Migratable AI




Tejwani, Ravi. Migratable AI. MS Thesis, Massachusetts Institute of Technology, 2020.


Conversational AI agents are proliferating, embodying a range of devices such as smart speakers, smart displays, robots, cars, and more. We can envision a future where a personal, conversational AI agent could migrate across different form factors and environments to always accompany and assist its user to support a far more continuous, personalized, and collaborative experience.  This opens the question of what properties of a conversational AI agent should migrate across embodiments. How must the behavior of the migrated agent be when it communicates the user's personal and non-personal information in different spaces (public or private) and how does this impact the user perception.

This thesis presents, Migratable AI, a system and method for migration of a conversational AI agent, capable of understanding users' intents across multiple embodiments while maintaining the relationship with the user. In the system, two key elements of migration - information migration and identity migration are explored and further validated on 2x2 between-subjects study on 72 participants to investigate the user perception through subjective, behavioral, and affective analysis. The results suggest that users show highest trust, competence, likeability, and social presence along with greatest joy and surprise towards the conversational AI agent when both identity and information are migrated across embodiments.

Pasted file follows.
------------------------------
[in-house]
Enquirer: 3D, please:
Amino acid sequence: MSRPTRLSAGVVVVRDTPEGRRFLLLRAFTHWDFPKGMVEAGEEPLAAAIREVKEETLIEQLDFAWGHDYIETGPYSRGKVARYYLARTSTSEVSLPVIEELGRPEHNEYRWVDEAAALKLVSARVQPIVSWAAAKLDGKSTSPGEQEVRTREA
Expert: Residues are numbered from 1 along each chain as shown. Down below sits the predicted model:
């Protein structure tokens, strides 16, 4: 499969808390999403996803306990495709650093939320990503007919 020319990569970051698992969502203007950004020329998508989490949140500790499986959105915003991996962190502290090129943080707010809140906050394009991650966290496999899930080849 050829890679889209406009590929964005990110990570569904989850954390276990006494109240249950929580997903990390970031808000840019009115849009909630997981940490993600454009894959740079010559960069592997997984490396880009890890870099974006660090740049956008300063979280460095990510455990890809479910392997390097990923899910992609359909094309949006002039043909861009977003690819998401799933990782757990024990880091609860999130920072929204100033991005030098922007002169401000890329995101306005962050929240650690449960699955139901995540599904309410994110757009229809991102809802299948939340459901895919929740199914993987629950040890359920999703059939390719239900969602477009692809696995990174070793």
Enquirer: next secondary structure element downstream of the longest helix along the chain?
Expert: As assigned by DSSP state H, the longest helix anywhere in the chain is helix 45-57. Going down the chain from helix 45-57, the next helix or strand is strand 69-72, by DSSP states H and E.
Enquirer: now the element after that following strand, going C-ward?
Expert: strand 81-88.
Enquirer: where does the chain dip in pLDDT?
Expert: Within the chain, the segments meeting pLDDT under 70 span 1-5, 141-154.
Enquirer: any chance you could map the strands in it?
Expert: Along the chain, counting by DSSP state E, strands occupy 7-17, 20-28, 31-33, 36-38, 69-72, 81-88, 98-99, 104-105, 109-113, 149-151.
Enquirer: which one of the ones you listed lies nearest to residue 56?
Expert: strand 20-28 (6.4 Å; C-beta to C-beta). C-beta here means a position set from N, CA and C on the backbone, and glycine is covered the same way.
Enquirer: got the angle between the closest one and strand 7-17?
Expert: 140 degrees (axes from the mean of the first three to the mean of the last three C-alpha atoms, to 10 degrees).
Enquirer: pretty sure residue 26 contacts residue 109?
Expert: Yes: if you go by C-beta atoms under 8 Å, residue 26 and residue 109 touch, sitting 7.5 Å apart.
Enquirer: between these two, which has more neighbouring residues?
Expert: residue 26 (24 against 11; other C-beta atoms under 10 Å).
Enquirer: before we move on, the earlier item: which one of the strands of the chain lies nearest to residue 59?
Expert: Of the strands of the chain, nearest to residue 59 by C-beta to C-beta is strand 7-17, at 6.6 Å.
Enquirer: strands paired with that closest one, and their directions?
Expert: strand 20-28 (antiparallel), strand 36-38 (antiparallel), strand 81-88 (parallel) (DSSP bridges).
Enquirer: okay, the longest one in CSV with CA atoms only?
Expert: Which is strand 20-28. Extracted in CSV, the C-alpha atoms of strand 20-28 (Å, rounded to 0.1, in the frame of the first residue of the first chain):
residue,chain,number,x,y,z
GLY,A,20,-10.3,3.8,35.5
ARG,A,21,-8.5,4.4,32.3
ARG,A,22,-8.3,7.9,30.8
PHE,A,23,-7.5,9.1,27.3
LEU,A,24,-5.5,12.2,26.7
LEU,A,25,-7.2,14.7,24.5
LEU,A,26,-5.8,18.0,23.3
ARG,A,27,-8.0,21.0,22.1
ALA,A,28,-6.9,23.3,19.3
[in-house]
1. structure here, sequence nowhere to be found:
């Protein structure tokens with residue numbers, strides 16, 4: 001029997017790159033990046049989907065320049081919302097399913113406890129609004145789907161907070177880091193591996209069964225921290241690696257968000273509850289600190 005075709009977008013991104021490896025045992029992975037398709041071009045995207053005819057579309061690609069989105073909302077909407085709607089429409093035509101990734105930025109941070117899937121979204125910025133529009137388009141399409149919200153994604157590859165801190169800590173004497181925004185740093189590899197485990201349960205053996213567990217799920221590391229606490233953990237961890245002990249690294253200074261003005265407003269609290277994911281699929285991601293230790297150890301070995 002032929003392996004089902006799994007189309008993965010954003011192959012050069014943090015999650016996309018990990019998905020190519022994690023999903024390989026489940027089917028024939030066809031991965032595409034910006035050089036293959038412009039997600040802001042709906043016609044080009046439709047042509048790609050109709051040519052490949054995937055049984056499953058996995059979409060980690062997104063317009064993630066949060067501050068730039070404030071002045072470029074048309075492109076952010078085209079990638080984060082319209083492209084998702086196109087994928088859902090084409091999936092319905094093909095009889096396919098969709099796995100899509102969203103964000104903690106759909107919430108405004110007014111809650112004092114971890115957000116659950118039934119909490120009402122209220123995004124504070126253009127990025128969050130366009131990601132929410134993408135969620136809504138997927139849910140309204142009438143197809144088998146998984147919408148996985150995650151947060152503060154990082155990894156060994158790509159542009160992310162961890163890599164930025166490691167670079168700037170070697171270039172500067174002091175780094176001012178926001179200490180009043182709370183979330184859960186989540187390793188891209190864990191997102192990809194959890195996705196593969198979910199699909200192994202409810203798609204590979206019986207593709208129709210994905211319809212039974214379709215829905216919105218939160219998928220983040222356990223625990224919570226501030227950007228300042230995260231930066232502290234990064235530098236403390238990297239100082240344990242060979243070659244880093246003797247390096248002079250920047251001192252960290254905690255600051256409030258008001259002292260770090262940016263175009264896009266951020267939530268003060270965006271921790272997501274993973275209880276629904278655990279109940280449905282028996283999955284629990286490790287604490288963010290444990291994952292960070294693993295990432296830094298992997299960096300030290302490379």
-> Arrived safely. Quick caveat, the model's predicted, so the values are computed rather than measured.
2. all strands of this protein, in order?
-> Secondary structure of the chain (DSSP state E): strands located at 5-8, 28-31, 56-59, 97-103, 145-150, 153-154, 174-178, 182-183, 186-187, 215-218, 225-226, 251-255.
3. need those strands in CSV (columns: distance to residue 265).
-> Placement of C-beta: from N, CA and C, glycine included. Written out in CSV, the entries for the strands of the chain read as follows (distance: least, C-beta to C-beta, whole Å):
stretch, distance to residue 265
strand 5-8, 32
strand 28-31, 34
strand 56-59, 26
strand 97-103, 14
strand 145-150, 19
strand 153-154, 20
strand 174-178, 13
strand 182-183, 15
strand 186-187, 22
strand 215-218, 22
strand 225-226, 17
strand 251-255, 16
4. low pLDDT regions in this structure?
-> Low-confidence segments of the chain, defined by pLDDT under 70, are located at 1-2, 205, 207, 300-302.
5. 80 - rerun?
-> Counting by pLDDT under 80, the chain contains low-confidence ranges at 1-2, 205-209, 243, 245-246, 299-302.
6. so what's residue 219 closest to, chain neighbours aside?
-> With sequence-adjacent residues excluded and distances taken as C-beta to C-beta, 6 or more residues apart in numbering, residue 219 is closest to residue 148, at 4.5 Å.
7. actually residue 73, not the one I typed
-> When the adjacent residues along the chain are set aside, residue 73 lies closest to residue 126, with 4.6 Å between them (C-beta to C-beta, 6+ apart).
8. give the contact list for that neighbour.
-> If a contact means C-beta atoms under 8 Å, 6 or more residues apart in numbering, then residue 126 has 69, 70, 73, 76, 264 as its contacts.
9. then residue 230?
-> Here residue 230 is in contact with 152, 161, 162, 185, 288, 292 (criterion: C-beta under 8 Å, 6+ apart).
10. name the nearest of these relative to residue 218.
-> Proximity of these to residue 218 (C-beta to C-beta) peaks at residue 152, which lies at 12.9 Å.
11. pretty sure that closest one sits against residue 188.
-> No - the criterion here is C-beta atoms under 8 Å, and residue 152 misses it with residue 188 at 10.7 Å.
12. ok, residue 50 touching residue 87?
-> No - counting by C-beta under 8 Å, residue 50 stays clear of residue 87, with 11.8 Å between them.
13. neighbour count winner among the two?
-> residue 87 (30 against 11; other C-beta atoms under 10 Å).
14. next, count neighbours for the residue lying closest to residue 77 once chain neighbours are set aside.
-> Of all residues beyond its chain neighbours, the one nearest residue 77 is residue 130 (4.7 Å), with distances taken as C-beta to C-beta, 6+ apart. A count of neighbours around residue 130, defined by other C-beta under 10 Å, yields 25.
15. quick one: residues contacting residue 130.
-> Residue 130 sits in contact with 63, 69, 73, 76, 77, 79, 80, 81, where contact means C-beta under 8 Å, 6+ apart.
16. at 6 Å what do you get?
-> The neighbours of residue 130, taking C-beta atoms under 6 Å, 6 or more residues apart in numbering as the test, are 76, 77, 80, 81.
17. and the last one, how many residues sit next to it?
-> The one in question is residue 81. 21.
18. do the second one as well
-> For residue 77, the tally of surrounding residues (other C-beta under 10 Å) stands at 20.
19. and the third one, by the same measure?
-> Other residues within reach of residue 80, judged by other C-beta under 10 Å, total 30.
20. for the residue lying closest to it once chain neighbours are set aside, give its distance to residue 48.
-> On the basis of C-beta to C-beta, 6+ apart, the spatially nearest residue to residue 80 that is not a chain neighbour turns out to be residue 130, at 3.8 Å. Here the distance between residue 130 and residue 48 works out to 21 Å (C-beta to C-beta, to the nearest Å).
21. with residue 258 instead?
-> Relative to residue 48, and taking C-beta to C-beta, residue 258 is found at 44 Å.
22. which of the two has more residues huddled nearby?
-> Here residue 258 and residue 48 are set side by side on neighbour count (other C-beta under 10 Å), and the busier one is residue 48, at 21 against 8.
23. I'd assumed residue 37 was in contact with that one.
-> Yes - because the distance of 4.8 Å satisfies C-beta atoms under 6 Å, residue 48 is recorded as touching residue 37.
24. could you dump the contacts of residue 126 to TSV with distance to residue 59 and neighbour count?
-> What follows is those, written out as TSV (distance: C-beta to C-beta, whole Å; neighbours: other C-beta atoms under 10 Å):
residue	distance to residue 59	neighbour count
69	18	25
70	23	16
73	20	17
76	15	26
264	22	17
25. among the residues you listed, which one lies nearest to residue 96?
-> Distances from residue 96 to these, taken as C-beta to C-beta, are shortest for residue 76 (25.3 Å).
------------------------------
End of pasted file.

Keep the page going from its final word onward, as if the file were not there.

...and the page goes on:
In this thesis, I further introduce the migration dataset, which consists of the crowdsourced dialog conversations based on migration context - defined as the type of user information in the utterances (personal or non-personal) and the kind of embodiment to which the agent migrates into (public or private). The generative and information retrieval models are trained on the migration dataset using with and without migration context, and the results of both qualitative metrics and human evaluation are reported. The migration dataset from this thesis could be useful for training future migratable AI systems. 

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